Shriram Lagoo’s name (part 2)

(This is a continuation of a prior post that can be found here.)

The Hindu right activists who threatened Lagoo seem to consider his mere continuing to bear a name that he did not choose for himself an active appropriation of it. From such an angle, his name may indeed be construed as boundary crossing: a rationalist, he nonetheless bears a notably Hindu name. The celebrated French anthropologist Claude Lévi-Strauss famously noted how ‘Some societies jealously watch over their names,’ and countless ethnographic examples could be given that show how names are frequently understood as items of property. Part of the problem, of course, is that Shriram is not just a Hindu-identifying name but a god’s name—and one that the Hindu right has expended a large amount of energy defending in recent decades. Moreover, in certain bhakti schools there is considerable slippage between the name and deity, with mantras inseparable from the gods whose names they speak. So as with the lesbian character Sita in the film Fire (1998) whose name was changed to Nita in response to violent Hindu right protests, ‘defence’ of the name seems to constitute defence of the god him or herself. If, as Veena Das has suggested, ‘stories told about objects of use belong to their aura’, we might say that in seeking to hinder the attachment of Lagoo’s rationalist crusading to the name object he carries Hindu activists seek copyright protection of the (Hindu) name’s aura. They are seeking to manage (and contain) the name’s associations—a delimiting that mirrors rationalist activists’ own attempts to generate expulsive or purified names.

Notwithstanding powerful arguments concerning the learned, or instrumental, nature of Hindutva’s ‘taking offence,’ it is possible to perceive why a person with the name Shriram proclaiming the need to ‘retire the god’ might be construed as incongruous for some. Of course, as with brand names (see the fascinating work of William Mazzarella on this subject), accruing improper associations is a risk built into the very existence of personal names. Just as ‘brand jacking’ demonstrates that a product is ‘never able to legislate its own intelligibility completely’, intentionally incongruous name uses can be taken up as a form of political assertion.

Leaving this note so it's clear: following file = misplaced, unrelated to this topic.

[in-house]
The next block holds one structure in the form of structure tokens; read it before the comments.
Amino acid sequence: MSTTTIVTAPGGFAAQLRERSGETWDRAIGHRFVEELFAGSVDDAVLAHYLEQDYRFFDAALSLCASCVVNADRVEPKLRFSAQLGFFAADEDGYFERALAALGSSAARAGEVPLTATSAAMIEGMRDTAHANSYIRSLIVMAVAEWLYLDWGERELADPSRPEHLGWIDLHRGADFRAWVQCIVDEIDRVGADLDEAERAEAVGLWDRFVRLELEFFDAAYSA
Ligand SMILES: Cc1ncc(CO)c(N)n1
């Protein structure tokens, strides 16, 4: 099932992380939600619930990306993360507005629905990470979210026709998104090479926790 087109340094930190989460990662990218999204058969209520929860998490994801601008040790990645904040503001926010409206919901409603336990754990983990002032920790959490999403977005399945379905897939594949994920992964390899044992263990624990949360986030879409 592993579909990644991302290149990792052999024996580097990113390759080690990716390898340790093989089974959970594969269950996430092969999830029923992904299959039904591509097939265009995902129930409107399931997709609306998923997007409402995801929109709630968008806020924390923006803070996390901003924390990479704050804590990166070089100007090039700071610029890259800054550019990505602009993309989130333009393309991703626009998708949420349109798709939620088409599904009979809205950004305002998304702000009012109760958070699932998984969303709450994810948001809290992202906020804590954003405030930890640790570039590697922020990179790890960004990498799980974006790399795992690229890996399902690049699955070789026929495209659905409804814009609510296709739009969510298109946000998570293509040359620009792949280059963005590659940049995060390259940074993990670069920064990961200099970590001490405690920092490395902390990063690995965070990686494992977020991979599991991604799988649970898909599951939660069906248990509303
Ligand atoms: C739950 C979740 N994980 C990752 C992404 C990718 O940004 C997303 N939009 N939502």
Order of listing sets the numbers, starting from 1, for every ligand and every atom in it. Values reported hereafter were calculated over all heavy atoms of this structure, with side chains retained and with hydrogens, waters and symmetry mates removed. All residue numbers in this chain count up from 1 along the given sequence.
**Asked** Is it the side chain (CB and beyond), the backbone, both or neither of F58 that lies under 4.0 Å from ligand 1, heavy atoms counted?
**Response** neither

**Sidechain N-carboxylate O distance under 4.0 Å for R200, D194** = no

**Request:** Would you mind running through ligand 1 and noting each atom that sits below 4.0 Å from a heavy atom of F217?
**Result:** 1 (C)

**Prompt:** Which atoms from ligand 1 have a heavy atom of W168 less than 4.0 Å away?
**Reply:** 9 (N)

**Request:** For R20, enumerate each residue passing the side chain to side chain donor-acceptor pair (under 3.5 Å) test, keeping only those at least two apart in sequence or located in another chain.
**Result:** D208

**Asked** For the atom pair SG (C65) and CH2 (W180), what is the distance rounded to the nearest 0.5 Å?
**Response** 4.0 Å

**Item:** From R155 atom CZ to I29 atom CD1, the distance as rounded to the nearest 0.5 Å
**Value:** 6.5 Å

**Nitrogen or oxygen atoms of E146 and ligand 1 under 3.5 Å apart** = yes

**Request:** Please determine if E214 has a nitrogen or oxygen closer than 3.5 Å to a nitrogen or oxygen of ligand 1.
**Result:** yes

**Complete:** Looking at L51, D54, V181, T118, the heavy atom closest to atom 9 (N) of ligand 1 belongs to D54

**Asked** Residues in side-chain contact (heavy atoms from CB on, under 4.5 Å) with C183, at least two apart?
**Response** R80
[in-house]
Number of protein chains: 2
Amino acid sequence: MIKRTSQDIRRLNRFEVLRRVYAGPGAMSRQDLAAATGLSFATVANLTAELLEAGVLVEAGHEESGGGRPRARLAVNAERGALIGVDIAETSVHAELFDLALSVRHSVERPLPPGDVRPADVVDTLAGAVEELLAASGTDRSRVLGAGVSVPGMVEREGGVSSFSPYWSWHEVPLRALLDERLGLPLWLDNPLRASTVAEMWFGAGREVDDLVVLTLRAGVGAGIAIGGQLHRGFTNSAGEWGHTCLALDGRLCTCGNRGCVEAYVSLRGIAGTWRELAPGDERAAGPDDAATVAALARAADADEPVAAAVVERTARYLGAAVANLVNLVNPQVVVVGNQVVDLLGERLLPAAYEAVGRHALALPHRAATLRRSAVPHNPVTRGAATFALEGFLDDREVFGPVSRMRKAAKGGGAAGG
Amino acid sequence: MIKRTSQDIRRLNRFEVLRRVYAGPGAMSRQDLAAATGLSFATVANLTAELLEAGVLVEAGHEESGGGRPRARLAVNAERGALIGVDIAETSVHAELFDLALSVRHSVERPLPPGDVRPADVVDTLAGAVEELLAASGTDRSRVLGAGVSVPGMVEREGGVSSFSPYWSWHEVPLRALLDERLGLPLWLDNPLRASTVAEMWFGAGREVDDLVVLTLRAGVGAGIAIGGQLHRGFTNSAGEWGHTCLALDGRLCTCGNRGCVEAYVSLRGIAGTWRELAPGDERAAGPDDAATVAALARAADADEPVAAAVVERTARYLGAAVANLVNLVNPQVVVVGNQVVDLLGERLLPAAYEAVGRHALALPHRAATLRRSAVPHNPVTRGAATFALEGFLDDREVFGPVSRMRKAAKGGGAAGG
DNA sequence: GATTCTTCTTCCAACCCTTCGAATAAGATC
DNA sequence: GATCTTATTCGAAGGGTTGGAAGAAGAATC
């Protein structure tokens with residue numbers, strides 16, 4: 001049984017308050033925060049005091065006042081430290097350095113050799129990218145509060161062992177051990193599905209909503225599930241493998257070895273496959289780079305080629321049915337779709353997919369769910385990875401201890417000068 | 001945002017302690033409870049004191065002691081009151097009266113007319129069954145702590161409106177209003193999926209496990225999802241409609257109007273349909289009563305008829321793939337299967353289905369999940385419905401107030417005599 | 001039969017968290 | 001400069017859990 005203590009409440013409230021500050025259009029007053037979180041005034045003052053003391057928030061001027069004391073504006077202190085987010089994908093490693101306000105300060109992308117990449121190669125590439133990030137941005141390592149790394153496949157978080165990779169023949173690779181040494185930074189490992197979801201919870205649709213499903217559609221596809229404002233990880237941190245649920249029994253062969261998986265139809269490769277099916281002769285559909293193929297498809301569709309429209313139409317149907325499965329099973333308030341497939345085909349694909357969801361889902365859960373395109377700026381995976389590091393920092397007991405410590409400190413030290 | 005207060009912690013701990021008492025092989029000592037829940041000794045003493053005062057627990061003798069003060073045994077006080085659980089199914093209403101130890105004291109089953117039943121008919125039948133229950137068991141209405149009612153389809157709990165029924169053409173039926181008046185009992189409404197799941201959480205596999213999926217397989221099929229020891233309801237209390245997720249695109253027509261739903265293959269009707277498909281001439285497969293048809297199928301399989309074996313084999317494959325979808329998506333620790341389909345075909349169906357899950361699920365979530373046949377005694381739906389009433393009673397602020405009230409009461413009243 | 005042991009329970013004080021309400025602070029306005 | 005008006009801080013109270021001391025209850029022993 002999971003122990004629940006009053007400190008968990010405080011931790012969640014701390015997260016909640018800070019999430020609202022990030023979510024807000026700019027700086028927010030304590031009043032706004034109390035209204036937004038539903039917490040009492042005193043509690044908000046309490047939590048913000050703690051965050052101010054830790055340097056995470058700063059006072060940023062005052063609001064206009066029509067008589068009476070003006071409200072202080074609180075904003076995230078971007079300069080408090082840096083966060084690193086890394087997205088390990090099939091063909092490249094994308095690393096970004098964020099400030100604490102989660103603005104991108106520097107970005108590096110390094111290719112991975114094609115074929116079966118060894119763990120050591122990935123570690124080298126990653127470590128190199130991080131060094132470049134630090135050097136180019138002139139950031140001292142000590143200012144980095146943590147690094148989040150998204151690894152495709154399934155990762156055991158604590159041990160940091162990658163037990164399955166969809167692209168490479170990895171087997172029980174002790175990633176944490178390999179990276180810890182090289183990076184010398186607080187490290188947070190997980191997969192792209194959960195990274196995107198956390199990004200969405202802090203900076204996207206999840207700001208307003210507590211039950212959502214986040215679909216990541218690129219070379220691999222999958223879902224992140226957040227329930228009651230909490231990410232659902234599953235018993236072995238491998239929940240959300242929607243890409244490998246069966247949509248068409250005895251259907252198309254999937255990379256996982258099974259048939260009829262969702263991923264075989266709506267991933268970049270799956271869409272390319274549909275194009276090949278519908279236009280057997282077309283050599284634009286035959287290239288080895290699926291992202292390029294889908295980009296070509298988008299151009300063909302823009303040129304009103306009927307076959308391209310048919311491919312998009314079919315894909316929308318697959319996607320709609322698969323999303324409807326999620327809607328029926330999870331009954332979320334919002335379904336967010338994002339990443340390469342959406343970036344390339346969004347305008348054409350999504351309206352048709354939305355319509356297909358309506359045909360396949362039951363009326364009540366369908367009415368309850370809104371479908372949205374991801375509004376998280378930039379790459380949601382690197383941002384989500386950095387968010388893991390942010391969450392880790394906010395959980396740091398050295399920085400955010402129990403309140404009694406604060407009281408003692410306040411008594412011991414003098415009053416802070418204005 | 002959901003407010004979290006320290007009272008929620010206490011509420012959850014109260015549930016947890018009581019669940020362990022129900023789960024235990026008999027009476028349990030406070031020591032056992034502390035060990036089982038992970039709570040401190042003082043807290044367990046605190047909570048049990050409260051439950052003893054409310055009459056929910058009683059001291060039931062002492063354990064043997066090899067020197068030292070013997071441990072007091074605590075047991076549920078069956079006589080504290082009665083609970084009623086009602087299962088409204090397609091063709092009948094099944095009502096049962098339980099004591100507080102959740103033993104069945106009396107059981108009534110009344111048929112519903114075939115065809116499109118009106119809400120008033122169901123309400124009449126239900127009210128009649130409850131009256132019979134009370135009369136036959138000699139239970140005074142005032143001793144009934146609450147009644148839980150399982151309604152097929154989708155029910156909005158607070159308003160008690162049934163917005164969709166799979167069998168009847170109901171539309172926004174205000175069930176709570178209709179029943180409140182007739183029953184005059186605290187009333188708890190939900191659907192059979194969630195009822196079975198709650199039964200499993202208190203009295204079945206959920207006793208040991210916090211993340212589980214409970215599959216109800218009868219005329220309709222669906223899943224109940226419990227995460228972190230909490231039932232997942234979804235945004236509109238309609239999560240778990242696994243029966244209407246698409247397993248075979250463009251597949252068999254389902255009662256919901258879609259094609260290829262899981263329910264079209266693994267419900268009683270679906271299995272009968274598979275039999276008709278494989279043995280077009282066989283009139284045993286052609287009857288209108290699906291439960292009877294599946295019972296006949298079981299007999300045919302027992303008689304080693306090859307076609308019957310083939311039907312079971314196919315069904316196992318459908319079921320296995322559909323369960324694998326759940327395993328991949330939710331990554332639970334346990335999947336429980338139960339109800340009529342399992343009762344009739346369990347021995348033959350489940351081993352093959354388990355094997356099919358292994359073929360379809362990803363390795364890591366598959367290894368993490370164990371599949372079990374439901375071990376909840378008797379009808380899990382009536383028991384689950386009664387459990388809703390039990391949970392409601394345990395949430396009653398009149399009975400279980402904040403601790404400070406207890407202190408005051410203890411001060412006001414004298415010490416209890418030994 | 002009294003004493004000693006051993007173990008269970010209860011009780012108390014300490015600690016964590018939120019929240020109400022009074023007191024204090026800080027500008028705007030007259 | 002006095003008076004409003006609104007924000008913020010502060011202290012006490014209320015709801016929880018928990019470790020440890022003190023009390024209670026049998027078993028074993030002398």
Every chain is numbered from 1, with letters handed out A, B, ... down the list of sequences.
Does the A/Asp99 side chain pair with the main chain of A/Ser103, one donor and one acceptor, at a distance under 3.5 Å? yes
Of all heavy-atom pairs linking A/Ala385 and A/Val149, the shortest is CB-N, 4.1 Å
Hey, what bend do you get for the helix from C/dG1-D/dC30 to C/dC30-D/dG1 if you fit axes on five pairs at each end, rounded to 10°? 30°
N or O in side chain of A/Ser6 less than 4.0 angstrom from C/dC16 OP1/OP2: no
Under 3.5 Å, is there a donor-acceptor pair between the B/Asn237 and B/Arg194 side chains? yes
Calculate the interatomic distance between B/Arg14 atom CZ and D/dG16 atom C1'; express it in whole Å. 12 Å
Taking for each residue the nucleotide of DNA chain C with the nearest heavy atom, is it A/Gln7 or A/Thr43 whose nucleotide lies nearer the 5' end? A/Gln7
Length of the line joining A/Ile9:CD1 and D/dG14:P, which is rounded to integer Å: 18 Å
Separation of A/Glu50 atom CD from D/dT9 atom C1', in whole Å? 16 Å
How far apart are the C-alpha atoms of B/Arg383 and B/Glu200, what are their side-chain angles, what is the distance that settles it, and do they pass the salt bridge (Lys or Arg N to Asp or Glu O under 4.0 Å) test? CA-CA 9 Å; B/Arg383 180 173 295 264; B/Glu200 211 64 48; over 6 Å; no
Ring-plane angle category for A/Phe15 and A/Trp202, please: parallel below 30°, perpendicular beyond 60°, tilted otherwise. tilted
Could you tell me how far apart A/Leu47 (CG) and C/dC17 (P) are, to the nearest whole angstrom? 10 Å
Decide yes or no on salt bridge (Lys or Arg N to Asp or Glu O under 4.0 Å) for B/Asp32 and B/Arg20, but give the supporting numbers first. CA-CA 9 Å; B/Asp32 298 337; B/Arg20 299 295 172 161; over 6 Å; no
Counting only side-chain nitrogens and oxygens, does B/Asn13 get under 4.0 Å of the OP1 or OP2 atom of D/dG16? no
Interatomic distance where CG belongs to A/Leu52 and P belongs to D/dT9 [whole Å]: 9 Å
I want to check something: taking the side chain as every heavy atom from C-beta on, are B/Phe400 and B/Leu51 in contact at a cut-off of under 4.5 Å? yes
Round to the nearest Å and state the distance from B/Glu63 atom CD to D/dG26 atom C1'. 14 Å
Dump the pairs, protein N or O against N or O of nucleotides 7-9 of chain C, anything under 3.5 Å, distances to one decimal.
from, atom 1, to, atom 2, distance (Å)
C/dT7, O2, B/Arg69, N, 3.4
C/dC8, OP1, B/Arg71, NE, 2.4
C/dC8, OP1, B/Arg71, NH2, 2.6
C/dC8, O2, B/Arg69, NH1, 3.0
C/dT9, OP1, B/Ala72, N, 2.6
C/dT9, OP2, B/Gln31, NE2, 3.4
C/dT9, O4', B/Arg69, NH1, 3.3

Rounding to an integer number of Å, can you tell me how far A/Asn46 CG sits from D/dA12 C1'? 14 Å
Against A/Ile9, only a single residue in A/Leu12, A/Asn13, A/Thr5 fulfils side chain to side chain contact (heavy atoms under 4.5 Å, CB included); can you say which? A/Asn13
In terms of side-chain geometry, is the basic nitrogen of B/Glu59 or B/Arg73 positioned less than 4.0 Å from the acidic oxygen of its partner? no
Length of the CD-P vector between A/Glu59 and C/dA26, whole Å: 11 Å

Consider the case of controversial right-wing Slovenian politician and former prime minister, Janez Janša, whose statement in 2007 that ‘the more there will be of us [i.e. Slovenians as opposed to immigrants] the sooner we shall reach the goal’ was responded to with ironic literalism when three Slovenian performance artists legally renamed themselves Janez Janša. The artists’ subsequent engagement in activities incongruous with the names they bore constituted an indirect but potent form of political critique; for example, a headline ‘Janez Janša Dances in Berlin,’ which referred to an artistic performance by one of the three artists, had a double-meaning, since it could be interpreted as the Prime Minister being servile to German interests.

This is not to suggest that such a logic animated Lagoo’s retention of the name Shriram—no renaming took place, and his name is a matter of concern for Hindu right activists, not him. Yet the episode at the station in Sangli in which the actor-activist proclaimed ‘Jai Shri Ram…Lagoo’ certainly seemed to play on the gap between name and named and was evidently comical for Dabholkar and his colleagues. In his analysis of Bentham’s ‘auto-icon’—the philosopher’s bequeathal of his own stuffed corpse to University College, London in 1832—David Collings sees in the gesture a ‘delicious profanation’ and ‘a kind of sly joke against contemporary prejudice and outraged opinion’ that calls upon ‘the libidinal resources of debasement and traditional inversion rituals.’ Is there something of this wilful transgression and inversion of convention in some rationalist acts of naming? Many activists take delight in staging their weddings on inauspicious days, feasting during eclipses, and consuming substances such as meat and alcohol that in many contexts are shunned as impure. The hinted at sense of wilful transgression —not frequently present, but perhaps animating the laughter at Sangli station—is suggestive of pleasurable incongruity, and of taking possession for ironic effect in a manner that contains parallels with the case of Janez Janša. Rather than brand jacking, it could be termed (or, more to the point, experienced by certain Hindu right activists as) ‘name jacking.’